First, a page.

Blending out with the colorless blender pushes the ink so much that using it to lighten small areas is useless.
I used Denim Blue to try and apply shadow to the eyes and teeth, but it's much darker than the body implies.
Lilac was also much too saturated and dark for this application, and I tried to blend it out using the skintones, which resulted in muddy looking skin. I'd neglected to grab a dark red for the interior of the mouth, so I resorted to Salmon Pink, which is a much hotter pink than expected from a salmon.
The skintone set came with a few browns that work for skintones as well as hair, but I also purchased a couple additional browns to extend my range a bit.
I colored the base of Kara's hair with Terracotta, and found the bullet nib on this Promarker to leave streaks that I would not see with a brush application. I also used Terracotta to apply freckles. Regardless of how light my hand was, the application was overly uniform and thus unrealistic in appearance, as the bullet nib only applied perfectly round dots.
Fortunately these streaks were covered up as soon as I applied another layer of ink.
I generally dislike covering larger areas with a bullet nib, as they're very prone to streaking, so for Kara's dress, I used the chisel nib for my initial application. I found the chisel nib on this Promarker to be dry and streaky- generally unpleasant to use.
The second layer (shadows in the dress) was applied with the bullet nib, and I dislike how amateur the overall effect is. Rather than sharp edges or painterly effects, I'm left with a very blocky, streaky application.
So far, based on the colors I currently own, I'm not particularly impressed by Winsor and Newton Promarkers or Brushmarkers, but I wanted to give them another field test to be positive. Since I'd purchased a skintone set that had a fairly wide skew in terms of colors included, I decided to render someone with a much darker skintone to see how these markers fared.
With many marker brands, darker skintones are where the color collection really starts to fall short. An artist's selection of browns may be limited based on the brand, or browns may trend towards being too saturated to use for natural skintones. I'd hoped that the Winsor and Newton Promarkers and Brushmarkers might be able to fill that gap.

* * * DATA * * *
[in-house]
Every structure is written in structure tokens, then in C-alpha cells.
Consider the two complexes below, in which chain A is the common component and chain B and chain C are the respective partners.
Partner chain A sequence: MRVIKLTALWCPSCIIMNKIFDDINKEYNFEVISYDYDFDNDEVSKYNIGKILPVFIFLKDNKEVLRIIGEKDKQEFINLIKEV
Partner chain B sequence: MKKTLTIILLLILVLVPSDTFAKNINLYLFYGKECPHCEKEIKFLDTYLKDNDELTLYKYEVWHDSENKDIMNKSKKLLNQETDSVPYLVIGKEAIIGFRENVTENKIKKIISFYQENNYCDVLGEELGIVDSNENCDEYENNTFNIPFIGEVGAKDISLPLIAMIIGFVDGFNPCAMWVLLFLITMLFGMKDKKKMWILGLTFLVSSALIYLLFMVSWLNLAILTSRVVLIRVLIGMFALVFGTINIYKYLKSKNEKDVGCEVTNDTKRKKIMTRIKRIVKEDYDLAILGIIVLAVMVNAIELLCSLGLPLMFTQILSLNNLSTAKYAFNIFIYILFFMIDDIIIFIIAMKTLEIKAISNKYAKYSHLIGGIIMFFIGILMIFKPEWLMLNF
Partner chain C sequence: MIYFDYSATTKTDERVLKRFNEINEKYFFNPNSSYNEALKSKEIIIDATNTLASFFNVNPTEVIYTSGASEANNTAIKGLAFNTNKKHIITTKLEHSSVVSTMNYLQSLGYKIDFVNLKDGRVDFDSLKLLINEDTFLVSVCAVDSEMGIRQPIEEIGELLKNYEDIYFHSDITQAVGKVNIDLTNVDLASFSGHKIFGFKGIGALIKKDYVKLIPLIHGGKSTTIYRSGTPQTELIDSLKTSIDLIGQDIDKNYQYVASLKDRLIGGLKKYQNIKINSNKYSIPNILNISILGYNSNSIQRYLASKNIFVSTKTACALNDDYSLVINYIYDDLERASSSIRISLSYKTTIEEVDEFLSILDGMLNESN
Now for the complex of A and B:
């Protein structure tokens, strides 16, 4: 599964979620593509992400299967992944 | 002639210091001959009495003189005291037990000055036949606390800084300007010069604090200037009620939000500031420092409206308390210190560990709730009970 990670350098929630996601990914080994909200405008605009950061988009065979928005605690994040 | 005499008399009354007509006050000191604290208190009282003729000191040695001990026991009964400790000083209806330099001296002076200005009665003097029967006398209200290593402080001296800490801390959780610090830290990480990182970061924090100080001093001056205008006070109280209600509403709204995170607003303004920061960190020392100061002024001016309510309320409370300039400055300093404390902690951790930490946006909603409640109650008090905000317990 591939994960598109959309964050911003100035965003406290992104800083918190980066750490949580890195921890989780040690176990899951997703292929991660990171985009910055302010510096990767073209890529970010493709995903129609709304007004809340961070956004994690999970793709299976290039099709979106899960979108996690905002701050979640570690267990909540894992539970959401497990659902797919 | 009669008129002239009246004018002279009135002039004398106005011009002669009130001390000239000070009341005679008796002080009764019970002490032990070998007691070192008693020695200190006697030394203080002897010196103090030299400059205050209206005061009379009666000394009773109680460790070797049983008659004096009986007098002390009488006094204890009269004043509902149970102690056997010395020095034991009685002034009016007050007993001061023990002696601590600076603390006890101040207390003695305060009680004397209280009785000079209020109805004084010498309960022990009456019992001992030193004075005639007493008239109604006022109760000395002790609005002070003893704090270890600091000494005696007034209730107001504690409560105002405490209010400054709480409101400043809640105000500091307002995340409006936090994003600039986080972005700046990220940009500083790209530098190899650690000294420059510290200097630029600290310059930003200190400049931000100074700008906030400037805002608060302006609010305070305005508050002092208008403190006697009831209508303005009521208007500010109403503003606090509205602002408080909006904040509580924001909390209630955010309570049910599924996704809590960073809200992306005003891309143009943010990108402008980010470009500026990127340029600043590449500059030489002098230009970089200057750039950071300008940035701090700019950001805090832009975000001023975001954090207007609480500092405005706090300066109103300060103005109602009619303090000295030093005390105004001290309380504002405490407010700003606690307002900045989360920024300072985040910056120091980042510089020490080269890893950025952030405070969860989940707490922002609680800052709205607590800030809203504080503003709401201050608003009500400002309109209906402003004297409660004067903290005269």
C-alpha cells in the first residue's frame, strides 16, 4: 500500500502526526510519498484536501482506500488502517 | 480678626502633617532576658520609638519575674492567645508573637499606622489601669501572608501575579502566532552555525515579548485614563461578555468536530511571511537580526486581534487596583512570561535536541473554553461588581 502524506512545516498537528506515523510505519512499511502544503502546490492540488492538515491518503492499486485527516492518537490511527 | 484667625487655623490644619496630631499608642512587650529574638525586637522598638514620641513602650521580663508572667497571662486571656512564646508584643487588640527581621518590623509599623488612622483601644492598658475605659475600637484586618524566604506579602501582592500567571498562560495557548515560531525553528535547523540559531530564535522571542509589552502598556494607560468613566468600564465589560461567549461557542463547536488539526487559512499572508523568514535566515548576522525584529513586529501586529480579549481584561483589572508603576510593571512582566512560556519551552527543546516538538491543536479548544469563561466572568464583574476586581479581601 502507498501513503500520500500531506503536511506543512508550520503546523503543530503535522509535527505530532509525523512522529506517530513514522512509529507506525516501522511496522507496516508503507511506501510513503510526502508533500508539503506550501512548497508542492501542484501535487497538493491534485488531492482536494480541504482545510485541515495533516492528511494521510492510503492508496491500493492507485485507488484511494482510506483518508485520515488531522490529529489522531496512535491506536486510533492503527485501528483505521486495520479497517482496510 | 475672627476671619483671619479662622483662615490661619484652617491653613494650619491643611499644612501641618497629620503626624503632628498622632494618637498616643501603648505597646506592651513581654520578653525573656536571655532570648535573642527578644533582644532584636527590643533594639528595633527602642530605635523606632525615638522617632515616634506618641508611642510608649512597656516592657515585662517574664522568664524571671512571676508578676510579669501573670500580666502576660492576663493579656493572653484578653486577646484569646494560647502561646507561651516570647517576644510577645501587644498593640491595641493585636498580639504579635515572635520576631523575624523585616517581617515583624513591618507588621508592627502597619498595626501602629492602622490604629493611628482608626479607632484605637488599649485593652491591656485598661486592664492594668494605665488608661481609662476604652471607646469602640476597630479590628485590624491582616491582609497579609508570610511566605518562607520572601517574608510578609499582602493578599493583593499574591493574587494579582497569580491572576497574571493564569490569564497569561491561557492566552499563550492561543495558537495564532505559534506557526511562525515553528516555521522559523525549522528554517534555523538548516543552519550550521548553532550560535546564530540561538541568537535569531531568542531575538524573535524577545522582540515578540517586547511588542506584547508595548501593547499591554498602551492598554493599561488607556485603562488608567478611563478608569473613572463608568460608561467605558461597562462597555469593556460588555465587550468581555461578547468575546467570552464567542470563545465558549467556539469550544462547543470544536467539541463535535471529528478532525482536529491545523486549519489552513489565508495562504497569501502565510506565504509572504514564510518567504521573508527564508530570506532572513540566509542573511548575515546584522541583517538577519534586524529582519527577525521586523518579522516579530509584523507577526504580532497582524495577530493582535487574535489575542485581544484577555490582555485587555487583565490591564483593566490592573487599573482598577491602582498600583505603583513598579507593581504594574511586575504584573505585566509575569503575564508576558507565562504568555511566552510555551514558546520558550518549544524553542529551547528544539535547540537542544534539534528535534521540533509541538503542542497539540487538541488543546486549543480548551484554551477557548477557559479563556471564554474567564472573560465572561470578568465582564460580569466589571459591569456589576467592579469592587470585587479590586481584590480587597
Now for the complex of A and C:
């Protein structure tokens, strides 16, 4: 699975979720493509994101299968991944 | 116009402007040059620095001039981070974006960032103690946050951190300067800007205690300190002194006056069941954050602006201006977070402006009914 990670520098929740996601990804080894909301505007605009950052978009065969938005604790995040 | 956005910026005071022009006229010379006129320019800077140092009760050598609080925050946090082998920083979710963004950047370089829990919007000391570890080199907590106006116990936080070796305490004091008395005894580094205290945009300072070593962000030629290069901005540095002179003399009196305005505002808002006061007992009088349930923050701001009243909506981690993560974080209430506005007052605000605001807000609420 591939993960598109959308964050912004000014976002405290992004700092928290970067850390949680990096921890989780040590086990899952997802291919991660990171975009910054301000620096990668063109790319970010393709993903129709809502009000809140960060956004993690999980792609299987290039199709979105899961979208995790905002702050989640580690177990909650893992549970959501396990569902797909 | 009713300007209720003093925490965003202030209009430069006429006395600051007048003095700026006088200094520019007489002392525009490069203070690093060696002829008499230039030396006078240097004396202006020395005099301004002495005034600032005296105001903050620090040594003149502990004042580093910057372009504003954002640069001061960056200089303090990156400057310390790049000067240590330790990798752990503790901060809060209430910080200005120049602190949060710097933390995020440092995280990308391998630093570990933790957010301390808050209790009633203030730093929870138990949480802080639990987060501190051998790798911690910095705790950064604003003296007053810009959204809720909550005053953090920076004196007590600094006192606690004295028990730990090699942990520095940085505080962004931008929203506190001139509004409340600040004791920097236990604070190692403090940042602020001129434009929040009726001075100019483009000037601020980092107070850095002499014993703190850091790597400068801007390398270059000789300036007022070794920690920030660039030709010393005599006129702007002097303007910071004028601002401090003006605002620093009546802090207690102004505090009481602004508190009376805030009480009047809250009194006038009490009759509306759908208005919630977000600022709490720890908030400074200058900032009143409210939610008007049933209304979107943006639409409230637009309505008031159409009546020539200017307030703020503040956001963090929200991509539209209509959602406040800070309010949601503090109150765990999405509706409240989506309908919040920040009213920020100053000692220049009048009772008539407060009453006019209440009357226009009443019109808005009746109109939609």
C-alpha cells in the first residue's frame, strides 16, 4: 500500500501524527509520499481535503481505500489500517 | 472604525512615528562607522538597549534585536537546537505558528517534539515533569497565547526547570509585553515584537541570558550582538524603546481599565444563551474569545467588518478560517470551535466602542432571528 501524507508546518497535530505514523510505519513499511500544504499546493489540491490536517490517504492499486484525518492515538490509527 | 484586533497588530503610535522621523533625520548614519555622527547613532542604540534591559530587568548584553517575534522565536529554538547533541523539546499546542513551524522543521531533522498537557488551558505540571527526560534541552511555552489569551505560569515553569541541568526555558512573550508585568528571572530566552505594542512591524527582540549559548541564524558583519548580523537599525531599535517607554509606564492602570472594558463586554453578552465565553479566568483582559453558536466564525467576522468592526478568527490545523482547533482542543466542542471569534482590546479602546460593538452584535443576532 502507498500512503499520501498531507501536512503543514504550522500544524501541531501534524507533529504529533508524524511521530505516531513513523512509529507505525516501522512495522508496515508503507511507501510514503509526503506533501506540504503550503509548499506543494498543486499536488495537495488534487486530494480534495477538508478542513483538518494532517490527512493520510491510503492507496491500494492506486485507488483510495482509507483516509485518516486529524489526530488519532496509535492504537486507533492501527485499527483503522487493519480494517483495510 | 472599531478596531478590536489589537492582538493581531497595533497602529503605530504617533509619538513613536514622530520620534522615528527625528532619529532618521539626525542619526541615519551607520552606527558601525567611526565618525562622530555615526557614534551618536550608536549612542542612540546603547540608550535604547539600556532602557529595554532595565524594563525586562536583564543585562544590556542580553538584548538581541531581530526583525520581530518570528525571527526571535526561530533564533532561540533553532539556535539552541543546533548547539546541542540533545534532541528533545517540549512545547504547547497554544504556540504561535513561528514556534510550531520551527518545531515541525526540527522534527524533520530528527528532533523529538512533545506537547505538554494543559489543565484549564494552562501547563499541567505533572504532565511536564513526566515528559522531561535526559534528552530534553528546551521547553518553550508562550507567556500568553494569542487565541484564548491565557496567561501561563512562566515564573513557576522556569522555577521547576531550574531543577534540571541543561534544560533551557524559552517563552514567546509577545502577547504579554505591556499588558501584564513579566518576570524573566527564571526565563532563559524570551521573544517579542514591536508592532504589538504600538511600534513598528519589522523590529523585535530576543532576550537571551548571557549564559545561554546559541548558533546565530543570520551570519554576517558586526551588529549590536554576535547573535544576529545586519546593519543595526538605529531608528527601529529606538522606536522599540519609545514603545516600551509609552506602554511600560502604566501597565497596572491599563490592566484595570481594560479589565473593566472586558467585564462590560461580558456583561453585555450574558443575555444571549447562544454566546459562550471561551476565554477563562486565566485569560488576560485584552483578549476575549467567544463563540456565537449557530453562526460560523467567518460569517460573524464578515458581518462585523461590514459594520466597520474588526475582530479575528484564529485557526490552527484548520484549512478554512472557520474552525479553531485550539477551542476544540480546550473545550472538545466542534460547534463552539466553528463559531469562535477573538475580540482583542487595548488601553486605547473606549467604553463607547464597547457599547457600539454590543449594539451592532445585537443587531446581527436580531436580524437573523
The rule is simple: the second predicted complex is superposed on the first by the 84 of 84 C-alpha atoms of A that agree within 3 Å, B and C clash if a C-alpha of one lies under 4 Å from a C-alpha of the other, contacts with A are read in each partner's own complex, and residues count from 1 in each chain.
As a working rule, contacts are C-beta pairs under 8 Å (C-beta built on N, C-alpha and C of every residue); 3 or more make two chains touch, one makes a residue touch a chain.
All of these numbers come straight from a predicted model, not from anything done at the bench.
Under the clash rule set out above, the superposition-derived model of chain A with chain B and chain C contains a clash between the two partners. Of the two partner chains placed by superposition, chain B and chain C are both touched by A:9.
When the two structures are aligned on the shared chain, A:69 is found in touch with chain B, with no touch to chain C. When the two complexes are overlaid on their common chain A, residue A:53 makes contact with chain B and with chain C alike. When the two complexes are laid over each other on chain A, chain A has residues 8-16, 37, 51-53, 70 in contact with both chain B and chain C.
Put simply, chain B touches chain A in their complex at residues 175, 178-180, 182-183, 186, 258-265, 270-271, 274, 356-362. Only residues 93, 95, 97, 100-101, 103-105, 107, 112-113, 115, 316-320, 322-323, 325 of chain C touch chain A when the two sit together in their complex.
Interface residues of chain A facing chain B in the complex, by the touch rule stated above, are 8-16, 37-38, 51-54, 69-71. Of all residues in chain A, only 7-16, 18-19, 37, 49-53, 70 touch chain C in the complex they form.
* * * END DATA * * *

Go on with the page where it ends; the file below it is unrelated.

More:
I opted to render Naomi, Kara's human friend, as she has dark brown skin and green eyes.
Since the colors I'd originally picked didn't entirely lend themselves to Naomi's color palette, I had to think on my feet and make some accommodations. I went ahead and applied the Salmon Pink to her lips early, as I didn't want it disrupting later applications of skintone.
I ended up reapplying Salmon Pink for a more even lip, and applied a layer of the same to her cheeks, eyelids, chin, and the corner of her eyes before adding shadow to her face.
Rendering Naomi's hair was difficult, as the darkest brown included wasn't really dark enough, and it tended to get streaky and dry. I felt like I was really scrubbing the marker by the end of the test.
I found the 6 piece skintone set to be too limited to really be useful as a skintone starter set- you're going to be augmenting the collection a lot for it to work. Although the spread of tones included is wide, there aren't enough of any to really build up good contrast for any particular ethnicity, and there isn't a good blush or shading marker included.
Unfortunately, it's difficult for me to reach an outstanding overall verdict, as I'd like to continue to test their colors and see how they fit in my overall marker collection. As a standalone product, I found the inks to be prone to bleeding when applied with the bullet nib, prone to being overly dry and scratchy when applied with the chisel nib, and tend to layer poorly regardless of the nib. While these may be a fine addition to a larger marker collection, perhaps as a way to fill in holes in color families, I found these frustrating to use after years of using Copics.